Friday, August 29, 2008

Deterring America

Why do wars, which are costly for both sides, continue to occur? In looking for a rationalist explanation, James Fearon concluded that rational, cost-benefit analysis can break down because one side has information the other side does not and that there are incentives to misrepresent your capabilites and/or willingness to fight.

Why did the U.S invade Iraq when there existed a wide range of less costly compromises that were acceptable to both sides? It is obvious that Sadam adopted a risky strategy. He decided to misrepresent Iraq's capabilites vis-a-vis their nuclear weapons program. However, even if he had not done so, there are a variety of other reasons that the cost-benefit analysis on the U.S. side would have failed.

It is almost fair to say Benefit was seen as great (Cheney's comments of the amount of oil that would enter the world market soon after toppling the Iraqi regime) and Cost was seen as next to zero. The analysis failed - the costs were not accurately assessed. The number of troops it would take, the time commitment, the complicated Iraqi political environment, and the domestic political costs. Would conciliatory measures on Sadam's part deterred a U.S. invasion? Nothing short of going into exile would have shifted the distorted cost-benefit picture of the U.S. administration to an alternative other than war.

Is Iran willing to misrepresent its capabilities and suffer a similar fate as Iraq? When U.S. rhetoric has pushed for regime change at the same time for an end to a nuclear program - we are in effect saying " Please get rid of the only thing that makes us worry about you so that we can then get rid of you."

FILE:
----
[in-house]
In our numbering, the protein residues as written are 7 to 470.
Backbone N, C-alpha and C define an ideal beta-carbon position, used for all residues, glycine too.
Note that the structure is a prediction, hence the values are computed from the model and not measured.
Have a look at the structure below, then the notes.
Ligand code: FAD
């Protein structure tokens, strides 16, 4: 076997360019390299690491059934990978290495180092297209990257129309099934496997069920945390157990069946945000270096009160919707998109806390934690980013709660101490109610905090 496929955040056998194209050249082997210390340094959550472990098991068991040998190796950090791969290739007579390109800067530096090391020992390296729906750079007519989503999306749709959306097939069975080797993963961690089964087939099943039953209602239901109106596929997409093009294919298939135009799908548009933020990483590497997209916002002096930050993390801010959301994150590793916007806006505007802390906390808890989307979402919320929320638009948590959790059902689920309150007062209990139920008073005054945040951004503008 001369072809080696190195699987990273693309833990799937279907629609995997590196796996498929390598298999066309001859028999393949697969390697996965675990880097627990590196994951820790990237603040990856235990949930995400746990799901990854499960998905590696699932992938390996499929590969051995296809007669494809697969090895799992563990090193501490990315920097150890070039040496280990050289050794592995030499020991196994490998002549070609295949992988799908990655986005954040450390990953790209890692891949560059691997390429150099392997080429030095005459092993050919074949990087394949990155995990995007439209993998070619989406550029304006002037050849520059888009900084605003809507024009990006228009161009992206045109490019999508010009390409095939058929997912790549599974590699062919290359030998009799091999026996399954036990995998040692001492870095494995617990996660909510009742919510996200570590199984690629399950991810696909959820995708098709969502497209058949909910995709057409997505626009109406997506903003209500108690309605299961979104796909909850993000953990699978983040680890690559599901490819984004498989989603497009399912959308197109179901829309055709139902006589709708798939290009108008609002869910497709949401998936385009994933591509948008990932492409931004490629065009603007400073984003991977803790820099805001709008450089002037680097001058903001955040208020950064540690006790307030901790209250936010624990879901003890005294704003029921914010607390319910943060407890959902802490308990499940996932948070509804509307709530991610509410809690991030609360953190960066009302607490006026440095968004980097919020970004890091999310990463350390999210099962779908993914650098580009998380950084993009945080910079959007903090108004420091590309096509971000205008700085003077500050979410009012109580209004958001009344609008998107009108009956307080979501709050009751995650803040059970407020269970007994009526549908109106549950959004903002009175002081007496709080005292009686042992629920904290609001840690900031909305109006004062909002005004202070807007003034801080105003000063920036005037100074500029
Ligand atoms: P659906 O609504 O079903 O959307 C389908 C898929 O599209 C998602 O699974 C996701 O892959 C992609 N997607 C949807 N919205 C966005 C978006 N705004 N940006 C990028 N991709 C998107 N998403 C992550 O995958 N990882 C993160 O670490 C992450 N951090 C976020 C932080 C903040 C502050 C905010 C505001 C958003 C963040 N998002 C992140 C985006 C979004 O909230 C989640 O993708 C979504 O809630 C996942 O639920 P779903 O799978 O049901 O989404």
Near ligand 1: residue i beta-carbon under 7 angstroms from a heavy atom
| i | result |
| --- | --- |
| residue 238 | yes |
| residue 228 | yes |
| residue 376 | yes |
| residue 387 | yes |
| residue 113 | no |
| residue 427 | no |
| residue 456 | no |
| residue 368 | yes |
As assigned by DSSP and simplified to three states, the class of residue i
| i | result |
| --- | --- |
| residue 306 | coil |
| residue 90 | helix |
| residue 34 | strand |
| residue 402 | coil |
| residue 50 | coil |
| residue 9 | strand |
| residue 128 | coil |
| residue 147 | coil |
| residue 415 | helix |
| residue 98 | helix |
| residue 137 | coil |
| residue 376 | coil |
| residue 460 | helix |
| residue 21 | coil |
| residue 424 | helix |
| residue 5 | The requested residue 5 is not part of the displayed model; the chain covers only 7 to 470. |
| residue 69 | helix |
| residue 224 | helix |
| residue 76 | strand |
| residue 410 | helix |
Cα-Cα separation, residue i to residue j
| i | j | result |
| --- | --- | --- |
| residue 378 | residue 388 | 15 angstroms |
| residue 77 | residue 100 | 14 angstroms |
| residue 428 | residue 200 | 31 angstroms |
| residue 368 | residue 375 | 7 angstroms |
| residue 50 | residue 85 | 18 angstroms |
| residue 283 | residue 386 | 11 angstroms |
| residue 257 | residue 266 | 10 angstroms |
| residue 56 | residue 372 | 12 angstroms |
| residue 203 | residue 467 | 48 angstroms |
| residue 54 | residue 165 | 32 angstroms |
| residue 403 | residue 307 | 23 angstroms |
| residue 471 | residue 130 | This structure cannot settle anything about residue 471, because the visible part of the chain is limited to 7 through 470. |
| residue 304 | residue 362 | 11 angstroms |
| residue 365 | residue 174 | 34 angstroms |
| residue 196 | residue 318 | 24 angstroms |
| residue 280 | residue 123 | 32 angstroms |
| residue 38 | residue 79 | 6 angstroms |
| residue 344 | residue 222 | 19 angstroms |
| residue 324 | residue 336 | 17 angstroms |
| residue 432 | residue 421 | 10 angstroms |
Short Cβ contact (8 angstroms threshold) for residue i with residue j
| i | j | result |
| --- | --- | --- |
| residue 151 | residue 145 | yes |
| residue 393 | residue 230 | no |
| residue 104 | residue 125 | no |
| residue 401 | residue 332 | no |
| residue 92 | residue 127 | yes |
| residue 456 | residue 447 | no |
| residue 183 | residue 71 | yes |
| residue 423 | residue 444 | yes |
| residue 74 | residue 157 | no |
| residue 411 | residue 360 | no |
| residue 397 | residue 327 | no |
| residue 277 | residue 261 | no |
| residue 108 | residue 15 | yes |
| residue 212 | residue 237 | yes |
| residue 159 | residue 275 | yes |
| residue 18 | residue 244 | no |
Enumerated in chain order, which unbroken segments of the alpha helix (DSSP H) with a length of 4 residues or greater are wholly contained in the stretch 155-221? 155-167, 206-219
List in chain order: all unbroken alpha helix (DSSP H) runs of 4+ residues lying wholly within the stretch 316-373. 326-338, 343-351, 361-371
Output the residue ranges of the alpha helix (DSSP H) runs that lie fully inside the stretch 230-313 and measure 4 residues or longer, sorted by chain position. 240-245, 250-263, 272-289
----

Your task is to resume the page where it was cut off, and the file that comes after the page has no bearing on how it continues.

In studying when deterrents actually work, Russet and Huth made two conclusions (among others):

- Excessively conciliatory bargaining behavior undermines credibility and therefore, deterrence.

- Excessively hostile threats provoke hostile responses and trigger an upward spiral of escalation

Regarding the second conclusion, we must take into account the domestic political atmosphere in which Ahmadinejad operates. Plenty of studies say the Iranian population is West-ward looking and don't want confrontation. However, excessively hostile rhetoric could lead them to feel isolated and threatened - therefore sending their support behind a leader who will protect them.

Regarding the first - at the end of the day there are may nations who do not want to see a nuclear Iran and there are many avenues of pressure to pursue given enough political capital in Washington. There is no international capital there to spend now. A new administration would have some and bargaining, in this situation, does not hold the risk of undermining credibility. We stand to lose nothing through a dialogue. If it doesn't work, there are always the bombs.

2 comments:

Robert Farley said...

Rhymenoceros is also pretty solid; I'm glad to see that this generation of Americans has a sufficient mastery of pop culture.

OMARCOMIN! said...

Man, rhymenoceros got his/her reading done early!